Toms River Woman Beats the Odds to Start Her Dream Family   

Toms River Woman Beats the Odds to Start Her Dream Family

Trista Harper and her family smiling, enjoying the park. Riding bikes, pushing the stroller, and swinging on the swings.

It’s true that where there’s a will, there’s a way. That’s the case with Trista Harper, age 35, of Toms River, New Jersey, who is a wife, mother of three and nurse.

She developed peripartum cardiomyopathy after having her first child, a boy, in 2014. The condition was discovered two days after she underwent a procedure for an umbilical hernia repair following her delivery. This type of hernia is an outward bulge around the belly button due to intense pressure from the baby inside, that can weaken mothers’ abdominal muscles.

“I was vomiting and having extreme shortness of breath, which in turn led me to the emergency department, where I had my first echocardiogram that showed my low ejection fraction,” Trista says.

The term ejection fraction refers to the amount of blood ejected from a chamber of the heart when that muscle squeezes. Trista’s previous condition of peripartum cardiomyopathy is also called postpartum cardiomyopathy, a rare form of heart failure that occurs at the end of a woman’s pregnancy—usually in the last month—or as long as five months following delivery. In this condition, the heart chambers enlarge and the heart muscle weakens, which decreases the blood that the heart pumps with each heartbeat. Peripartum cardiomyopathy is diagnosed in 1 in every 1,000–4,000 deliveries, according to the American Heart Association.

Lack of Risk Factors for Postpartum Cardiomyopathy

Postpartum Cardiomyopathy can be difficult to detect because its symptoms often mimic those of pregnancy. With her first pregnancy, Trista experienced vomiting, difficulty breathing and swollen feet. Later, after delivery, bloodwork showed compromised kidney values.

“Some of these symptoms mask ‘normal’ third trimester symptoms, so postpartum cardiomyopathy can be difficult to diagnose,” Trista says.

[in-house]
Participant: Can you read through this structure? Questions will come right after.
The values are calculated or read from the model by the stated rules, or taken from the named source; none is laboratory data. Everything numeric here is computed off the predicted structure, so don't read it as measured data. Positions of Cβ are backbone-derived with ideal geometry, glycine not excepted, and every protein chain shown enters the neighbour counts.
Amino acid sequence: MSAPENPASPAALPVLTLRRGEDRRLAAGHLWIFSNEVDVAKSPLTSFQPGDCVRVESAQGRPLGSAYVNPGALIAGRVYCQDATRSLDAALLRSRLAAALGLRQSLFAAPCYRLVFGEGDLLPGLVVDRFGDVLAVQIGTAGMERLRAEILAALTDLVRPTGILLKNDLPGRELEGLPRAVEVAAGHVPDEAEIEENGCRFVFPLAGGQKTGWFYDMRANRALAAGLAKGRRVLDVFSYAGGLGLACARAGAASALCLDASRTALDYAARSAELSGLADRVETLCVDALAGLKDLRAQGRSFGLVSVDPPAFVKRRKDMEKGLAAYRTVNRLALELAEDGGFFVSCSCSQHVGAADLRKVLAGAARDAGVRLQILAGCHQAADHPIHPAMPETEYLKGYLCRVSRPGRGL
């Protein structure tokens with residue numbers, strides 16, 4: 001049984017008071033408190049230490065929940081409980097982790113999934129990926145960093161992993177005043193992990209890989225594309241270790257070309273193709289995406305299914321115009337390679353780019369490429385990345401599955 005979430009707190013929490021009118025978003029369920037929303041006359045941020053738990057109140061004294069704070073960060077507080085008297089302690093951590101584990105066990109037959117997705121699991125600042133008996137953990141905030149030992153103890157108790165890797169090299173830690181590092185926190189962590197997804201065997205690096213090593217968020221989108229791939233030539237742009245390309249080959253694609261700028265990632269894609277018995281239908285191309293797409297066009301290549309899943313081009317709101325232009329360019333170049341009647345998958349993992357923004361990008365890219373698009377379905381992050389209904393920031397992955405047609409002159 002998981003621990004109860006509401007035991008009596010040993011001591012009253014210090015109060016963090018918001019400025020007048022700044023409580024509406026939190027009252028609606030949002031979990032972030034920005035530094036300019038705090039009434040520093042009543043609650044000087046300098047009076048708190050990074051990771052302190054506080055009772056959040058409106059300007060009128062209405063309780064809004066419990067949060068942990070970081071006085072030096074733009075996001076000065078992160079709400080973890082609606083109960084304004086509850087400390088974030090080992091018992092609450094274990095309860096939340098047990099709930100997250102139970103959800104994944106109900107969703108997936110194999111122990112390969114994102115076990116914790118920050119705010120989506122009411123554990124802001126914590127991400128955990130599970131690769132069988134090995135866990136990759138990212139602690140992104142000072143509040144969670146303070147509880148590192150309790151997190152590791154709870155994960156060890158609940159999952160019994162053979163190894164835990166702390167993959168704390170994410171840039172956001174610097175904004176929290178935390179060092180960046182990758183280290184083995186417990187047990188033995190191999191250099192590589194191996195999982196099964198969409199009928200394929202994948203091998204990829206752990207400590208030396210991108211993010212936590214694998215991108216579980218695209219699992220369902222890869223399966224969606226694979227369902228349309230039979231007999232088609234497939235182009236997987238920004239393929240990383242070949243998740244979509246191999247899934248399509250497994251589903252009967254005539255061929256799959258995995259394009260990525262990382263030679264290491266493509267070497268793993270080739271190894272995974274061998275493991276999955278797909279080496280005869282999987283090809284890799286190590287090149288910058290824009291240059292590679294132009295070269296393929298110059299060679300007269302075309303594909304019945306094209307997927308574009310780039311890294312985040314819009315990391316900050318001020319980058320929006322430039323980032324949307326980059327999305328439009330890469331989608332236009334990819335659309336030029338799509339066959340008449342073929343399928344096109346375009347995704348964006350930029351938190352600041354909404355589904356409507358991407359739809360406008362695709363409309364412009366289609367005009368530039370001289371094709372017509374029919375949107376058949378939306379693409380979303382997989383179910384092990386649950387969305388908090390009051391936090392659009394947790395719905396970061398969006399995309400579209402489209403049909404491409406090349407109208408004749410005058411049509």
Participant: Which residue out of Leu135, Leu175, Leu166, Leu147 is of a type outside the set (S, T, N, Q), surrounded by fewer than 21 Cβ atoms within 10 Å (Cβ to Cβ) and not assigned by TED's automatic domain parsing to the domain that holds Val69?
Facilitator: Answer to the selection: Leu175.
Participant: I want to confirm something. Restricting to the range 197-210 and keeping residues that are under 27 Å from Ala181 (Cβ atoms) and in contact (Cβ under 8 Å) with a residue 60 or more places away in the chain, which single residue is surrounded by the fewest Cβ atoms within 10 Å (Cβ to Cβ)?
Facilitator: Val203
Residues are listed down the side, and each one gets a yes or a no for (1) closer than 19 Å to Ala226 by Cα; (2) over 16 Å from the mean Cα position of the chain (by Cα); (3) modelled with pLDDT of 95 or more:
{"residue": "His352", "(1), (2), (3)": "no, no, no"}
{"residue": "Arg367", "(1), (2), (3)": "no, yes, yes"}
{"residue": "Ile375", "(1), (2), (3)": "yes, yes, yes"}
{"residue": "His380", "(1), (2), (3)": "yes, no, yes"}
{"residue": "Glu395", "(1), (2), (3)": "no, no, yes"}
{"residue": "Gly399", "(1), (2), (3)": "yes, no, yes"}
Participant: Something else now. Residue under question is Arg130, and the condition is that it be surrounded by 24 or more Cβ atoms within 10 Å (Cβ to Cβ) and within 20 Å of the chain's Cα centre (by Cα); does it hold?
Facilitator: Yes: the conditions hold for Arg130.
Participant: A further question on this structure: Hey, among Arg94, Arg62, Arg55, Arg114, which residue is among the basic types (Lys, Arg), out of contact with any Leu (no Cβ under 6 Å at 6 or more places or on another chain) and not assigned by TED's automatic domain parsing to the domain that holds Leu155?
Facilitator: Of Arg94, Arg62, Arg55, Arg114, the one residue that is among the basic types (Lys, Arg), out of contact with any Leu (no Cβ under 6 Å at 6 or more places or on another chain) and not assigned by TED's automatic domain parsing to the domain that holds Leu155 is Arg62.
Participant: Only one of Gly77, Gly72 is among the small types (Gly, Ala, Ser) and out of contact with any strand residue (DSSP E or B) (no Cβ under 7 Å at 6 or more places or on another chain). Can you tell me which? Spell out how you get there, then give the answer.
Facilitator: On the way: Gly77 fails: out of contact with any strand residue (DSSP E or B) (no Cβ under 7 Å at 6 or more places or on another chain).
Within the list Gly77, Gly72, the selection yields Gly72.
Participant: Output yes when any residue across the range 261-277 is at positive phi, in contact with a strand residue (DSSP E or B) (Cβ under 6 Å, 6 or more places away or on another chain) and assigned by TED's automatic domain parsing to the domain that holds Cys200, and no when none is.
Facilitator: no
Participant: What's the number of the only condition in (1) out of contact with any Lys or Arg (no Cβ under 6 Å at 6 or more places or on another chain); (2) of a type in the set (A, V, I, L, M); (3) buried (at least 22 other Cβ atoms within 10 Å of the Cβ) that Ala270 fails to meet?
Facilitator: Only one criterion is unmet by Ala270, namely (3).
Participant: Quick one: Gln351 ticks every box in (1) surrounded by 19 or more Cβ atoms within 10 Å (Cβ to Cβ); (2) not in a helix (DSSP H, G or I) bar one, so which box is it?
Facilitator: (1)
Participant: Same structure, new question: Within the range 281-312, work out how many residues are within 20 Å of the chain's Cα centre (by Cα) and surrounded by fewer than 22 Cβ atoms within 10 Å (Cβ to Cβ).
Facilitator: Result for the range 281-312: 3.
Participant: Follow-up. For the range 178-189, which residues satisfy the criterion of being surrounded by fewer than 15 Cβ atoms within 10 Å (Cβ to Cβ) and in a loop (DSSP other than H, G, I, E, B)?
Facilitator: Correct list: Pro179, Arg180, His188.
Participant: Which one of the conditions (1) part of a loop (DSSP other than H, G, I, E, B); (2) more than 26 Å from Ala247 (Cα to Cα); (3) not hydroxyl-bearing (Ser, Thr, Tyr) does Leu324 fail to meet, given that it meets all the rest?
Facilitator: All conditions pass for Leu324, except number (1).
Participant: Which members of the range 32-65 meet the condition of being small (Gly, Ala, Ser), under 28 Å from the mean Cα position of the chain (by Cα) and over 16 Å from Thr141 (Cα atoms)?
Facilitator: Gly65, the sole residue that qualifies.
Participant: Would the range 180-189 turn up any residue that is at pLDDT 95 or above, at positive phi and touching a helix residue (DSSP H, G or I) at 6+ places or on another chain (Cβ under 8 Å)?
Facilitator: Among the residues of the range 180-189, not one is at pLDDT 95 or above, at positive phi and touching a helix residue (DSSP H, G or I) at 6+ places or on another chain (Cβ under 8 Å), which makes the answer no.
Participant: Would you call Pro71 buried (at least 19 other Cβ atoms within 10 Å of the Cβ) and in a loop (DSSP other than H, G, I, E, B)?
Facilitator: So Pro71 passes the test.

It was especially perplexing Trista had none of the common risk factors for peripartum cardiomyopathy:

  • High blood pressure
  • Preeclampsia
  • Gestational hypertension
  • Having previous twins
  • Being overweight
  • Black or African American descent
  • Over age 35

After Trista completed treatment for the condition, she had to take medication for the next four years to increase her ejection fraction. Worst of all, she was told she couldn’t have more children due to the risk of a recurrent episode of peripartum cardiomyopathy. But for this determined woman, that was not an option.

Being a Nurse Meant She Knew So Much

Trista is a neonatal intensive care unit nurse (NICU) at Jersey Shore University Medical Center and often talks to families about the importance of heart health. She’s been a nurse for 12 years and worked in the NICU for 11.

“That’s where I always wanted to be, but being in the medical field and knowing so much made things harder for me during this pregnancy experience,” she says.

Maybe it was Trista’s knowledge, combined with her can-do attitude, that prompted her to try to safely get pregnant again. She collaborated with the hospital’s Maternal Fetal Medicine team to carefully undertake her next two pregnancies. That team included maternal and fetal medicine specialist Karen L. Koscica, D.O., along with obstetricians and gynecologists Benjamin Morgan, M.D., and his brother, Steven Morgan, M.D.

“Trista’s ejection fraction, having been low, fully recovered the first few months after her first delivery,” says cardiologist Jesus Almendral, M.D., who specializes in heart failure and transplantation cardiology. He also leads the Advanced Heart Failure Center at Jersey Shore.

Because Trista’s levels normalized so soon, that was a good sign.

Teamwork Sees Her Through Successful Pregnancies

During her second pregnancy in 2020, overseen by one of Dr. Almendral’s colleagues, Trista’s echocardiogram showed that her ejection fraction was normal throughout, which was great news. Dr. Almendral guided Trista through her third pregnancy in 2021, and the two pregnancies resulted in two healthy baby girls.

“When I was closely monitoring Trista, her echocardiogram showed her cardiac function was again completely normal, as was her bloodwork,” Dr. Almendral says. “Research has shown that if someone’s ejection fraction recovers fully after a first pregnancy, the chances of having an uneventful delivery are very good, as was with Trista.”

As she reflects on her journey to have the family she always wanted, Trista says she’s grateful for the experienced medical professionals who ensured both that she achieved her goals—safely. “Everyone worked so well together: my cardiology team, my maternal medicine team and the OB-GYNs,” she says. “I wanted everyone to be on the same page, doing what’s best for me and my unborn children, and that’s exactly what happened.”


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